I’ve had a number of folks contact me regarding the Decolonizing Breastfeeding in Communities of Color webinar I gave a number of months ago — so, I’m giving it again. I’ve added a bit of information from the last one, if you attended that, so it will be more exciting, of course while remaining situated in anti racist and anti-colonial ideas and concepts that center POC. Here’s what it’ll be about:

In the past several years, there have been great efforts on the part of individuals, groups, organizations and government agencies to show the benefits of human breastmilk. Much of these endeavors stem from emerging empirical and scientific data that highlights the importance of human milk that calls for community action and activism to counter illness and disease that stem from a lack of breastfeeding. Local and national advocates place large and important emphases on these areas and frequently adhere to the mandates set forth by the overarching medical establishment. This has been the conversation over the past number of decades.

But what does it mean that much of the information we receive about breastfeeding comes from mainstream white, male and female-dominated health systems that has historically been built upon ‘othering’ those outside of these identities? In the age of IBCLCs, professional services and various emerging credentials that promote practical breastfeeding mechanics along with mother-infant bonding and other benefits, does it matter that much of this discourse originates from within the United States that does not always discuss the nuances of those outside mainstream avenues?

In this webinar, we will take a look at this form of breastmilk promotion, and gauge how Communities of Color are impacted. We will highlight different ways we adhere to an overarching social structure of breastfeeding and also work together to learn and understand the challenges and benefits of using varied avenues and legacies from within and outside of our communities to support the breastfeeding tradition.

Facilitated by: Acquanda Stanford, PhC
When: Tuesday, November 28, 2017
Where: Online (Google Hangouts). You’ll receive an invitation within 72 hours of payment.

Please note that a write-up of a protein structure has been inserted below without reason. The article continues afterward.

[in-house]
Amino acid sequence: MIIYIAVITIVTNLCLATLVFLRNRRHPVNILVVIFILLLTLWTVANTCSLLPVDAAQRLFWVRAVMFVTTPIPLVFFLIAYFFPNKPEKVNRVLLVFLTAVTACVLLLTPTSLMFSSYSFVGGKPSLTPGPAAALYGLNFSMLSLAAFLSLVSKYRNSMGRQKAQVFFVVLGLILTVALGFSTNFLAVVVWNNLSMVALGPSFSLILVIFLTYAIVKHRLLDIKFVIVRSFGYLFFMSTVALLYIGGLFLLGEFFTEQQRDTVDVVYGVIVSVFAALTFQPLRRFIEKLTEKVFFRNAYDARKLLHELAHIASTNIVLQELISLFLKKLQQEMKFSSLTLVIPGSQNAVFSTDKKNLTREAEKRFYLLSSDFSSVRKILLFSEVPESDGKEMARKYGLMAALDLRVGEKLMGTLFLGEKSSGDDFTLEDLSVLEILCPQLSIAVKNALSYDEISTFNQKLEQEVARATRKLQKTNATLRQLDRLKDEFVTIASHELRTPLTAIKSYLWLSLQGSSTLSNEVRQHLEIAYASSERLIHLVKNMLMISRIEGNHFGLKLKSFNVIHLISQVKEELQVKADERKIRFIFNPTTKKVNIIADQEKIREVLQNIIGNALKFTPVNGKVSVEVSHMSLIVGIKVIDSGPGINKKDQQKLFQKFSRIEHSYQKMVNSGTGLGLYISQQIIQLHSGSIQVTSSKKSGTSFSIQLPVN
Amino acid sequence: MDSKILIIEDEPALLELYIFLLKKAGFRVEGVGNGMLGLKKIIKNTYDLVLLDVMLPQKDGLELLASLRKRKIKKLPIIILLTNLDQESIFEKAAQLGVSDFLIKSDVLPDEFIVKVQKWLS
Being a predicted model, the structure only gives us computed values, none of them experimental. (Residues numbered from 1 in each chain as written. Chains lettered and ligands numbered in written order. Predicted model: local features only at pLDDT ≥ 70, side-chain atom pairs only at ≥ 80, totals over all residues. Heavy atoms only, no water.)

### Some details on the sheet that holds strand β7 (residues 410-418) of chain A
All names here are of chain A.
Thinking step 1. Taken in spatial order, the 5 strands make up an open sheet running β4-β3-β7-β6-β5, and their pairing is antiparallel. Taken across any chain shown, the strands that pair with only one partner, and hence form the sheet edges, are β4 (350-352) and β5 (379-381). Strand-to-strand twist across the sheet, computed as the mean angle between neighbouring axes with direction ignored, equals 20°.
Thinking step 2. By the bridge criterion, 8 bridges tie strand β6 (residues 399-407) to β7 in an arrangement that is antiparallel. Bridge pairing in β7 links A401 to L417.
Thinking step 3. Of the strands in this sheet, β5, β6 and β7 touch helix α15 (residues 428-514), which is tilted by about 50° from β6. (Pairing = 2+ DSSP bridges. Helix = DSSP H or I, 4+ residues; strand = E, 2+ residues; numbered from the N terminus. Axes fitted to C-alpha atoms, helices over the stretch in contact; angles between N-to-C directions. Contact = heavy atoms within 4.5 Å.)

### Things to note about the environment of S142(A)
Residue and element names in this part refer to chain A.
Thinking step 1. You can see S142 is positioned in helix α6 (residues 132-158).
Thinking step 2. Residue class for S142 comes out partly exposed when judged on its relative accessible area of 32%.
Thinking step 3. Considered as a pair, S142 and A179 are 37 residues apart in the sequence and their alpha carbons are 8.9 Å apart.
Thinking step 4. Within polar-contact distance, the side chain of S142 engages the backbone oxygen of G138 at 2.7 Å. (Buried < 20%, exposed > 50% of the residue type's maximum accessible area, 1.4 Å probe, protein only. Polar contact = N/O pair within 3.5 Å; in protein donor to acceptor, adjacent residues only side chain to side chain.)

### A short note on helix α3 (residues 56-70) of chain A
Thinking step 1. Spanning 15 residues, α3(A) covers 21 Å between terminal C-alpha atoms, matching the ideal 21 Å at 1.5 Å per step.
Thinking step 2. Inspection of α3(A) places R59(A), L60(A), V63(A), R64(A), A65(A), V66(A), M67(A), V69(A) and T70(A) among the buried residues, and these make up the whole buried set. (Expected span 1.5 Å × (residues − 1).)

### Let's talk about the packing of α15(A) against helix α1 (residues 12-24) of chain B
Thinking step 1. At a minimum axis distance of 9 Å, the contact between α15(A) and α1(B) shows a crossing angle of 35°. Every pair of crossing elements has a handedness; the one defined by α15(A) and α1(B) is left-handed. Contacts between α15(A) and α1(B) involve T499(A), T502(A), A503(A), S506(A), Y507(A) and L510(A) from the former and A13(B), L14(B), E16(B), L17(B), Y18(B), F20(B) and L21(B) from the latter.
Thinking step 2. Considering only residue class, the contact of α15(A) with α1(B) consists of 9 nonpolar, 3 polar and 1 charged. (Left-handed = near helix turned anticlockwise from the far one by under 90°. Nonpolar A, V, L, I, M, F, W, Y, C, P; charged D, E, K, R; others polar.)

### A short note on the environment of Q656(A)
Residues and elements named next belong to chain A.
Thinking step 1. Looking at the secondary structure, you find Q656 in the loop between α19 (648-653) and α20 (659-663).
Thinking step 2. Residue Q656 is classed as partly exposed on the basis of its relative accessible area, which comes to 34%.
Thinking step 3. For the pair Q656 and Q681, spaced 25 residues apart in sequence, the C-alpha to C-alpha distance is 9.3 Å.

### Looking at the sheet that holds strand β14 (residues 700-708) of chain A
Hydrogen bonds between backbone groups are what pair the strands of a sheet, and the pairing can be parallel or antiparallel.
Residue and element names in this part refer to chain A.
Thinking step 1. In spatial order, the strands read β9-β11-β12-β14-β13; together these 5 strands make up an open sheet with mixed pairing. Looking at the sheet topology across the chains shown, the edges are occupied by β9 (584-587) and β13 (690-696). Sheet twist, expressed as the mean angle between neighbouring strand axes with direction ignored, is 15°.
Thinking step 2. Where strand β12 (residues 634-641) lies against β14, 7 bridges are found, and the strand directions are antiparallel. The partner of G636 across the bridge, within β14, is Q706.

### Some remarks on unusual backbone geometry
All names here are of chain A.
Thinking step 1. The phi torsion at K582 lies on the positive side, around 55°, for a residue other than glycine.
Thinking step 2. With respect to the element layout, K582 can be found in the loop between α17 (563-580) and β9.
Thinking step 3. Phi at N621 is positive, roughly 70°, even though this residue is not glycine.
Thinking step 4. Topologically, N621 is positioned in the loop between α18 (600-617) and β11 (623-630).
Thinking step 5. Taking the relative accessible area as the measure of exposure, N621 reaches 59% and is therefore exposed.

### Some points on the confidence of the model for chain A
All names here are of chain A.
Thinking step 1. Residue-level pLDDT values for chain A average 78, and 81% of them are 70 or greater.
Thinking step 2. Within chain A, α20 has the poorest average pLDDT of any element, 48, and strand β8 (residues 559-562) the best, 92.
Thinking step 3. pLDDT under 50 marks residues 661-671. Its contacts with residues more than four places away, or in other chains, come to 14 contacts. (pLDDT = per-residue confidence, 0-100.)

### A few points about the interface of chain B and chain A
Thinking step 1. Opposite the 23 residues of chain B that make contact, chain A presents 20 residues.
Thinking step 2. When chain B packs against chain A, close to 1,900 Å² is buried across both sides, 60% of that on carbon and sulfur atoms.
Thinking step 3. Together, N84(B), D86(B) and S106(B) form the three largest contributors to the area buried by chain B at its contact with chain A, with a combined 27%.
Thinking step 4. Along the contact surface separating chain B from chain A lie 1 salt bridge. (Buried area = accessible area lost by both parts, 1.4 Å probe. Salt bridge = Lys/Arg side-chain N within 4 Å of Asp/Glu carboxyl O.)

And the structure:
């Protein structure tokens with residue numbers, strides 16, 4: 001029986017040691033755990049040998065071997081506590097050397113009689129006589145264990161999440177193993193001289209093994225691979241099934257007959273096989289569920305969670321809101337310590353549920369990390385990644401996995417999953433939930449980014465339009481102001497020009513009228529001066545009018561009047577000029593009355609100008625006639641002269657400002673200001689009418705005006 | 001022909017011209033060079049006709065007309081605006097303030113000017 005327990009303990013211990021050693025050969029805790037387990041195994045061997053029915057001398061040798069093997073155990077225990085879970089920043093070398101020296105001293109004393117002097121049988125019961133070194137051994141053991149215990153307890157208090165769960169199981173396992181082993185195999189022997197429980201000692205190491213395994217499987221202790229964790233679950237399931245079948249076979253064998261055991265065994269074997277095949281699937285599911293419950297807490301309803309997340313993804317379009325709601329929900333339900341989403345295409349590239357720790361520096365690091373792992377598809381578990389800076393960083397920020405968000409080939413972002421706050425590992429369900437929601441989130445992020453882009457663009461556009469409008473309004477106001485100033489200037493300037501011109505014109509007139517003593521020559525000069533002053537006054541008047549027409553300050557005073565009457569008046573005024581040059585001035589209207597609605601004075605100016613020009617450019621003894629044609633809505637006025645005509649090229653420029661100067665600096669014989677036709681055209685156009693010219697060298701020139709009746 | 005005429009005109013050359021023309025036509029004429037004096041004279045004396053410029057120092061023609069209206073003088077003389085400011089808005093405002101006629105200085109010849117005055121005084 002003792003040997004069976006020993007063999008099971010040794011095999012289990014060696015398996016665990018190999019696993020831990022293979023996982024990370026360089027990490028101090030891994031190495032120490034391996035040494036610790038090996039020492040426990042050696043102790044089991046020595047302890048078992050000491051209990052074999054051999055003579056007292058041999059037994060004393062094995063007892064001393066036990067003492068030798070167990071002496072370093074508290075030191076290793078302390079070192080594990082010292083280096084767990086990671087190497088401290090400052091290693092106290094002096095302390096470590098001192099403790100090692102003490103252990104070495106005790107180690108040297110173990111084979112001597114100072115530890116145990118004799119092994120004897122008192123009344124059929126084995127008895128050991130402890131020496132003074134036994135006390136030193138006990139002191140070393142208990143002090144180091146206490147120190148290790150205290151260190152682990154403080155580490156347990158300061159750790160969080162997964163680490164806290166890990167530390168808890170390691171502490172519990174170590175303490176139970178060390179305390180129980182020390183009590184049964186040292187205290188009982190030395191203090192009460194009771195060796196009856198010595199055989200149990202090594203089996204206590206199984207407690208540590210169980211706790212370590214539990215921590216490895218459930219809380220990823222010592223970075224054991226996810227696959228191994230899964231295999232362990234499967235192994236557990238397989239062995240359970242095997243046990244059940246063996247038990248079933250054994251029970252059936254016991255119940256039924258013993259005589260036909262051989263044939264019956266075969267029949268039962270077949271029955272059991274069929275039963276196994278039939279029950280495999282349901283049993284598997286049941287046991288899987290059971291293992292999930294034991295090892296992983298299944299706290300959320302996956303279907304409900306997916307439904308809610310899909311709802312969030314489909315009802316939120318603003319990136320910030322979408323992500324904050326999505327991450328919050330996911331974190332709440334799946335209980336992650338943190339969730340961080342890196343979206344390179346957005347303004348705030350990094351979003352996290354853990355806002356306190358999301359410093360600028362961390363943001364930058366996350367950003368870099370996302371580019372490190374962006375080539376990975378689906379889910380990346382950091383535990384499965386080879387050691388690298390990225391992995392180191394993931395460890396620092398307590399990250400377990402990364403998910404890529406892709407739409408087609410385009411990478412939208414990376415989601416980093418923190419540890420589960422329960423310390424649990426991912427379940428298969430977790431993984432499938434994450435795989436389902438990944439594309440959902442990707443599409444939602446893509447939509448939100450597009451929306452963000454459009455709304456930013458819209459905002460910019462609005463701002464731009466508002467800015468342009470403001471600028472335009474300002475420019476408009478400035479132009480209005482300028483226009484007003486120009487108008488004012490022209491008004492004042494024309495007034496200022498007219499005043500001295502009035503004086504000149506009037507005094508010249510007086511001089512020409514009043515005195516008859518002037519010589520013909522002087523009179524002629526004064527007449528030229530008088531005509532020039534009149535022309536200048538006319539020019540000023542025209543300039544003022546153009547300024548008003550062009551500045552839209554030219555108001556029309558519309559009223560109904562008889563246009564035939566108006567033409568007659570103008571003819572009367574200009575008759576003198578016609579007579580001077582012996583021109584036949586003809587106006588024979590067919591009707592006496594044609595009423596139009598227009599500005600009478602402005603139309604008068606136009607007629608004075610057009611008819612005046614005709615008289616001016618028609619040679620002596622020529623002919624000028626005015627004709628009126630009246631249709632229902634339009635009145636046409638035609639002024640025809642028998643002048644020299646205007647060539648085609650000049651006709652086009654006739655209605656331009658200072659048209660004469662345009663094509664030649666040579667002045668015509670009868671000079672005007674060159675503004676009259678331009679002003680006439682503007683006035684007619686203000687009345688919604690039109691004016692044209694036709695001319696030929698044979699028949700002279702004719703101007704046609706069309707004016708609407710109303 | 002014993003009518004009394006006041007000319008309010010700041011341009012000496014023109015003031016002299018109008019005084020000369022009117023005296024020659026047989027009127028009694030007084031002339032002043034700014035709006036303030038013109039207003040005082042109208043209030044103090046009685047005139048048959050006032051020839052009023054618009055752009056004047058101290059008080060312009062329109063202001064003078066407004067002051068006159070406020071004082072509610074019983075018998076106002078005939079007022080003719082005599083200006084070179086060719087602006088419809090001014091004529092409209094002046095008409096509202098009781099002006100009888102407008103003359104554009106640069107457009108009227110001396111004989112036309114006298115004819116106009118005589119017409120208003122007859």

Time: 11:00 am-12:30 pm PST
90 minutes total; 45 minutes of presentation followed by 45 minutes Q&A and dialogue. This involves back and forth conversations between host and participants. This means that in addition to participants asking me questions, I will also draw on your thoughts and ask you questions, in order to create a critically engaging reciprocal learning environment and moving the conversation along.
Cost: $35.00 USD per person ♦ Submit payment via  paypal here: paypal.me/AYStanford/35. If you would like to pay via a different method, then just contact me.

System Requirements:
  • Platform: Online, Google Hangouts
  • A computer monitor and speakers, or a compatible device such as an iPhone, tablet or another supported device. Note that in some instances you may need to download an app, if you are using a phone
  • High speed internet connection

As always, space is limited: crowds that are too large can hinder an endeavor for a critically-engaging environment. Because my favorite webinar platform is no longer in operation, we will be convening via Google Hangout (this also means that there should be no problems accessing this webinar, at all). Within 48 hours of receiving your payment you will receive an invite — make sure you check your spam box. All you need to do is follow the link you receive and join the conversation on the stated day and time, where you will be able to see the broadcast. If you have any questions, just ask.

Note: Since a certain number of registrants are anticipated once payment is made, any cancellations or no-shows by you will result in your payment being counted as a donation. There are no refunds unless this presentation is canceled by the facilitator.

About Acquanda: Acquanda is a critical decolonial Black feminist anthropologist, Certified Lactation Educator, and a doula. She is a PhD Candidate of sociocultural anthropology and holds a masters in anthropology, bachelor’s in anthropology – and even her two-year Associate’s degree from community college focused on anthropology. Acquanda’s political and academic work highlights Black feminist theories as well as theories of race and gender relations, and highlights the holistic aspects of breastfeeding among Black and African Americans in the United States, with a focus on the state of Mississippi and a concentration in the Delta. She is a community organizer, founder and Head Negress in Charge of the Seattle/Black Feminist Library.

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